The City of Irving approved an official Public Safety Wellness Unit specifically designed for the Irving Fire and Police departments. The new unit will provide support for officers and first responders dealing with a variety of mental health issues. Organizers hope the unit will help remove the stigma associated with addressing and seeking mental health support.
When Dr. Mildred Betancourt approached the Irving City Council about establishing an official Public Safety Wellness Unit specifically designed for the Fire and Police departments, her mission was clear.
“[When] I call 911, I am expecting someone to get there right away because I’m in trouble, or I’m in danger or someone that I know of is in danger,” said Betancourt. “I don’t see why our first responders, when they call for help, they get the run around with ‘Well, we can see you in three weeks,’ or ‘Well, I’m not taking any new clients right now. Let me see if we can get someone to see you.’”
The City of Irving approved the new Wellness Unit program — a joint effort of the Fire and Police departments — in the Fiscal Year 2021-22 budget. Betancourt, who formerly served as the Clinical Director for the Family Advocacy Center, will oversee the program along with two other clinicians, and will serve as the Public Safety Wellness Unit’s Senior Manager. The additional team support will ensure that a clinician is always available for each department.
In 2016, the Irving Police Department launched the Peer Support Program. Betancourt, who was supervising fellow clinicians and interns at the time, had an open-door policy with her team. She extended that concept to first responders with the hope of serving as a resource for someone to talk to. It was then that an officer knocked on the door and asked if she had five minutes to talk. From there, demand for the program spread by word-of-mouth among officers.
The program gained momentum, as well as attention from fire personnel. In 2019, after years of offering mental health assistance to the department, Fire was officially incorporated into the program.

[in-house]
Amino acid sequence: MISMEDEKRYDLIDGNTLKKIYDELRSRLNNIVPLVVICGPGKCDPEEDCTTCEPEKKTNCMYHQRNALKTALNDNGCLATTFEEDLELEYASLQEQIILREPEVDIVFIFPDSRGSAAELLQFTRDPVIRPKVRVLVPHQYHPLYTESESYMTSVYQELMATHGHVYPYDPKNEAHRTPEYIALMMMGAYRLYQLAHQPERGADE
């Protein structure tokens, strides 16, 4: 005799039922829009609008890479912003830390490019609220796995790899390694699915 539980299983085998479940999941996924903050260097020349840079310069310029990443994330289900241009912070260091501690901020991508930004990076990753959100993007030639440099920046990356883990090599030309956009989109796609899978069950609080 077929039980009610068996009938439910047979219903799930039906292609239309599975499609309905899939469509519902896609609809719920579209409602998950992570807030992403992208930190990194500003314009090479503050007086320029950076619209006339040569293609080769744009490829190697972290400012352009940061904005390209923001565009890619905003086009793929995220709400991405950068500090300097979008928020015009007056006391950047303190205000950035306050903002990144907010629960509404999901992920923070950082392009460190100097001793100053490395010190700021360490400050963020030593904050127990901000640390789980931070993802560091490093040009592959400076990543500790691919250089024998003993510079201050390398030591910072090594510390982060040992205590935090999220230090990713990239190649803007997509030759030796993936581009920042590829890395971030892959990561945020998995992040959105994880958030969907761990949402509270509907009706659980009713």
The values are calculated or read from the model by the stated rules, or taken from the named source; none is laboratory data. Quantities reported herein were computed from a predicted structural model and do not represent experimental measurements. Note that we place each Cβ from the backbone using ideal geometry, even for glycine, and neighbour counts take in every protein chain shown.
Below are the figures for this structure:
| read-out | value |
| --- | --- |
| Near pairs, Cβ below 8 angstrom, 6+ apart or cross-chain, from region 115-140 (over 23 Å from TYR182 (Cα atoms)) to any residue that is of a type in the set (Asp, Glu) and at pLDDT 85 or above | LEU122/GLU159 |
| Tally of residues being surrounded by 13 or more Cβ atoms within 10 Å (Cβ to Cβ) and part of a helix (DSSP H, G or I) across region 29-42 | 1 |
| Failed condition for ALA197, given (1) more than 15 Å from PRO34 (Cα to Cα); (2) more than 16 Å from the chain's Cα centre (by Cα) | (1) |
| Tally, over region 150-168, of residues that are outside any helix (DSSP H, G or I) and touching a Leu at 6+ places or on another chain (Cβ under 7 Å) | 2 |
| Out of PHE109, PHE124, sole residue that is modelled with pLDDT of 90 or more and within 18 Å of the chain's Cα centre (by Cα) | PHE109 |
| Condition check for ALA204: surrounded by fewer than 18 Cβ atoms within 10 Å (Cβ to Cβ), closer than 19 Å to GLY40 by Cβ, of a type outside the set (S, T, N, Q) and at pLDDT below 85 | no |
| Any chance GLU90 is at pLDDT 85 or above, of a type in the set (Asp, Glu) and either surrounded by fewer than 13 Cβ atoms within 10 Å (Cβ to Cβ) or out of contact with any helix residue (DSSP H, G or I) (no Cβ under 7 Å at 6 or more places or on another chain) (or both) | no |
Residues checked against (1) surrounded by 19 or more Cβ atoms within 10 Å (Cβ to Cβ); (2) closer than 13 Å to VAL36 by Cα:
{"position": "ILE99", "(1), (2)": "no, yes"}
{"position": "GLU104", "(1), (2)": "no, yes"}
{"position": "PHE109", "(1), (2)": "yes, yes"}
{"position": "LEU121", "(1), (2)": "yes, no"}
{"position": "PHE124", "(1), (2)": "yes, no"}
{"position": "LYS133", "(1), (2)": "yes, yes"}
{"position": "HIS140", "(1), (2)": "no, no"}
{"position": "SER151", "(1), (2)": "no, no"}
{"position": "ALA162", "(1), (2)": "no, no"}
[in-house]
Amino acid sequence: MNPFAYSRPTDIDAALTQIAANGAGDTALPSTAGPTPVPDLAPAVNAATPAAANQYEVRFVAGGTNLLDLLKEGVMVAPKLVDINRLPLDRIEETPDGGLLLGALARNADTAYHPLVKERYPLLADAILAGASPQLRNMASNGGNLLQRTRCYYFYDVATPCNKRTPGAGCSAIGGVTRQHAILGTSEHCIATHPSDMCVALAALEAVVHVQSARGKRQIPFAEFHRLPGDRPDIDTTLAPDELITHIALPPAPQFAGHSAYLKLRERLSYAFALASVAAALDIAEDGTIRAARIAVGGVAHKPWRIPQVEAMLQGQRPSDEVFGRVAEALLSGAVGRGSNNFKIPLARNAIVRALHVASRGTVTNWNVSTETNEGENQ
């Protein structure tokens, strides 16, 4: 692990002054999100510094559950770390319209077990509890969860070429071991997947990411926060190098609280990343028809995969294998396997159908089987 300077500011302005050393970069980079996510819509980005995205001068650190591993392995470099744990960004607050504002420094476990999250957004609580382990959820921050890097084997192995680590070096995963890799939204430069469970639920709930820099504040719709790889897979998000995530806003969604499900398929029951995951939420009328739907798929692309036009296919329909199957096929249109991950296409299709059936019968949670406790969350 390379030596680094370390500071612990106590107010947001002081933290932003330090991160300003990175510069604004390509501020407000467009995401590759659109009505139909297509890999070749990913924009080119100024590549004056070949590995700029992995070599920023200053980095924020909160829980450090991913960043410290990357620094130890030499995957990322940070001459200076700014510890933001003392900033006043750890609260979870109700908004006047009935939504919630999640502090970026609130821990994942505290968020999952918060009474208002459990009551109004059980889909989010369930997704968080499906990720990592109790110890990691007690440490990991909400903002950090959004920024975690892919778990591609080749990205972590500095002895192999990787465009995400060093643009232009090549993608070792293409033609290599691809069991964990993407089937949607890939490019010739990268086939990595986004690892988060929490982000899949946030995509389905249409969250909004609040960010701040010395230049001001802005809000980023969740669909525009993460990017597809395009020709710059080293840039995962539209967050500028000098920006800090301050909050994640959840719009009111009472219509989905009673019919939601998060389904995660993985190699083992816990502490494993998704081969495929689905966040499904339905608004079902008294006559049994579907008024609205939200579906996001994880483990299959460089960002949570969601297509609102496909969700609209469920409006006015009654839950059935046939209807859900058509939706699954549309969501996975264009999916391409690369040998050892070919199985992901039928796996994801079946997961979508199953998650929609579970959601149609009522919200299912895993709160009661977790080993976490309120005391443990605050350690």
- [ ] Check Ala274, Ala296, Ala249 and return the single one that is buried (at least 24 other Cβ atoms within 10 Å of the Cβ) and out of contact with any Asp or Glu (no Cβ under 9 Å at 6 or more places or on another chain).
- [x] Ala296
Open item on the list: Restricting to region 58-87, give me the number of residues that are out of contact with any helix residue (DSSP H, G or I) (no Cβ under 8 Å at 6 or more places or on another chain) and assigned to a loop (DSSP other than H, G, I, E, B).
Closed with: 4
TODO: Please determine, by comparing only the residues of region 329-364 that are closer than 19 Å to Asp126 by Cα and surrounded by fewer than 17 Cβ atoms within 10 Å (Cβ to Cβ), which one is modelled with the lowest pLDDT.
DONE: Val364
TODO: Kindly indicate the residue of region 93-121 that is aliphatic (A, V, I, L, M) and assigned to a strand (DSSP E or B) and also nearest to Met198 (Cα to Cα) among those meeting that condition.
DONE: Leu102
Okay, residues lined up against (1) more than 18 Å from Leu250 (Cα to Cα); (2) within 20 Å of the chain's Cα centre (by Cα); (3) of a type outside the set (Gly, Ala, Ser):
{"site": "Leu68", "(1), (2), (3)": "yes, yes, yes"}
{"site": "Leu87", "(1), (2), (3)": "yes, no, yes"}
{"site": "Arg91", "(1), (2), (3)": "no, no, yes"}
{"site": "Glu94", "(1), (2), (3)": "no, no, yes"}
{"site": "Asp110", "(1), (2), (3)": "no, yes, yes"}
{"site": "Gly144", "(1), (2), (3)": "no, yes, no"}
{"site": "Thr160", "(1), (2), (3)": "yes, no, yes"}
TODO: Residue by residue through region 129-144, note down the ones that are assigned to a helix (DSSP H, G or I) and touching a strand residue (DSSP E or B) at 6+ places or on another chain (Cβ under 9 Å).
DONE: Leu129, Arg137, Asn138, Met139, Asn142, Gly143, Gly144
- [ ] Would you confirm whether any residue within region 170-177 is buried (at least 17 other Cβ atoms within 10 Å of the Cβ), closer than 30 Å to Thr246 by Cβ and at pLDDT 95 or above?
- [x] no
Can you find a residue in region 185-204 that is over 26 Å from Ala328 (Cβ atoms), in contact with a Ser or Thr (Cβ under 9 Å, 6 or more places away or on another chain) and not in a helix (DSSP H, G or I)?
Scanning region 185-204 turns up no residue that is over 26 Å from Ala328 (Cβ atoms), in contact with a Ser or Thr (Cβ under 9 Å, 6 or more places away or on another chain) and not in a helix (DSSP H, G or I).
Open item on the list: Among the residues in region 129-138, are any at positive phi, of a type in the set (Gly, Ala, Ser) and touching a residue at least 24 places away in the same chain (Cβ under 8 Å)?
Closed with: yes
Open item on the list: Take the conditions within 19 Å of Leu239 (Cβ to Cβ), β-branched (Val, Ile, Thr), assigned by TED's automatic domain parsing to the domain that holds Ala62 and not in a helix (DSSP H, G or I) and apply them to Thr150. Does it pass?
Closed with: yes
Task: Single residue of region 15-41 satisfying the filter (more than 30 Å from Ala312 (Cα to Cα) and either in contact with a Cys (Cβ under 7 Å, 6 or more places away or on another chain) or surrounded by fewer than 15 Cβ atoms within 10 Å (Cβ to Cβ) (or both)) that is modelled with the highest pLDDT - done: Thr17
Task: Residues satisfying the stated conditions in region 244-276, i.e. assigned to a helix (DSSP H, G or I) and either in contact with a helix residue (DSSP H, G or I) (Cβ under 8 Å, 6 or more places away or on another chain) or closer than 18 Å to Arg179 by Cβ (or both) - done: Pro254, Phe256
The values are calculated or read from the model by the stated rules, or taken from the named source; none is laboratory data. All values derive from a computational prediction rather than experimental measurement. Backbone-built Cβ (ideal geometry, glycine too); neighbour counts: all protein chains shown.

The Wellness Unit will visit all 12 Irving fire stations and attend every police briefing to provide first responders with the step-by-step information they need on how to access the program. This strategic move will expedite emergency personnel’s requests for mental health services, as well as provide direct access to clinicians.
The 24/7 program embeds clinicians into first responders’ culture — training them on police and fire’s professional work environment and job duties.
The unit currently provides eight-hour inoculation training for new recruits — educating officers and firefighters on issues from post-traumatic stress disorder (PTSD) to suicide prevention and self-care. Moving forward, the program will offer training in biofeedback to help first responders learn their biological responses to anxiety, depression, PTSD and sleep issues.
REMOVING THE STIGMA
Since the Peer Support Program began, it has helped save the lives of Irving officers and firefighters. Moving forward, Betancourt said she hopes to remove the stigma associated with addressing and seeking mental health support.
“We want to humanize our first responders — they bleed just like everyone else,” she said. “We want to be able to provide them with a safe space to feel and have permission to bleed without feeling guilty or ashamed because they’re human, and they carry the heaviest of burdens.”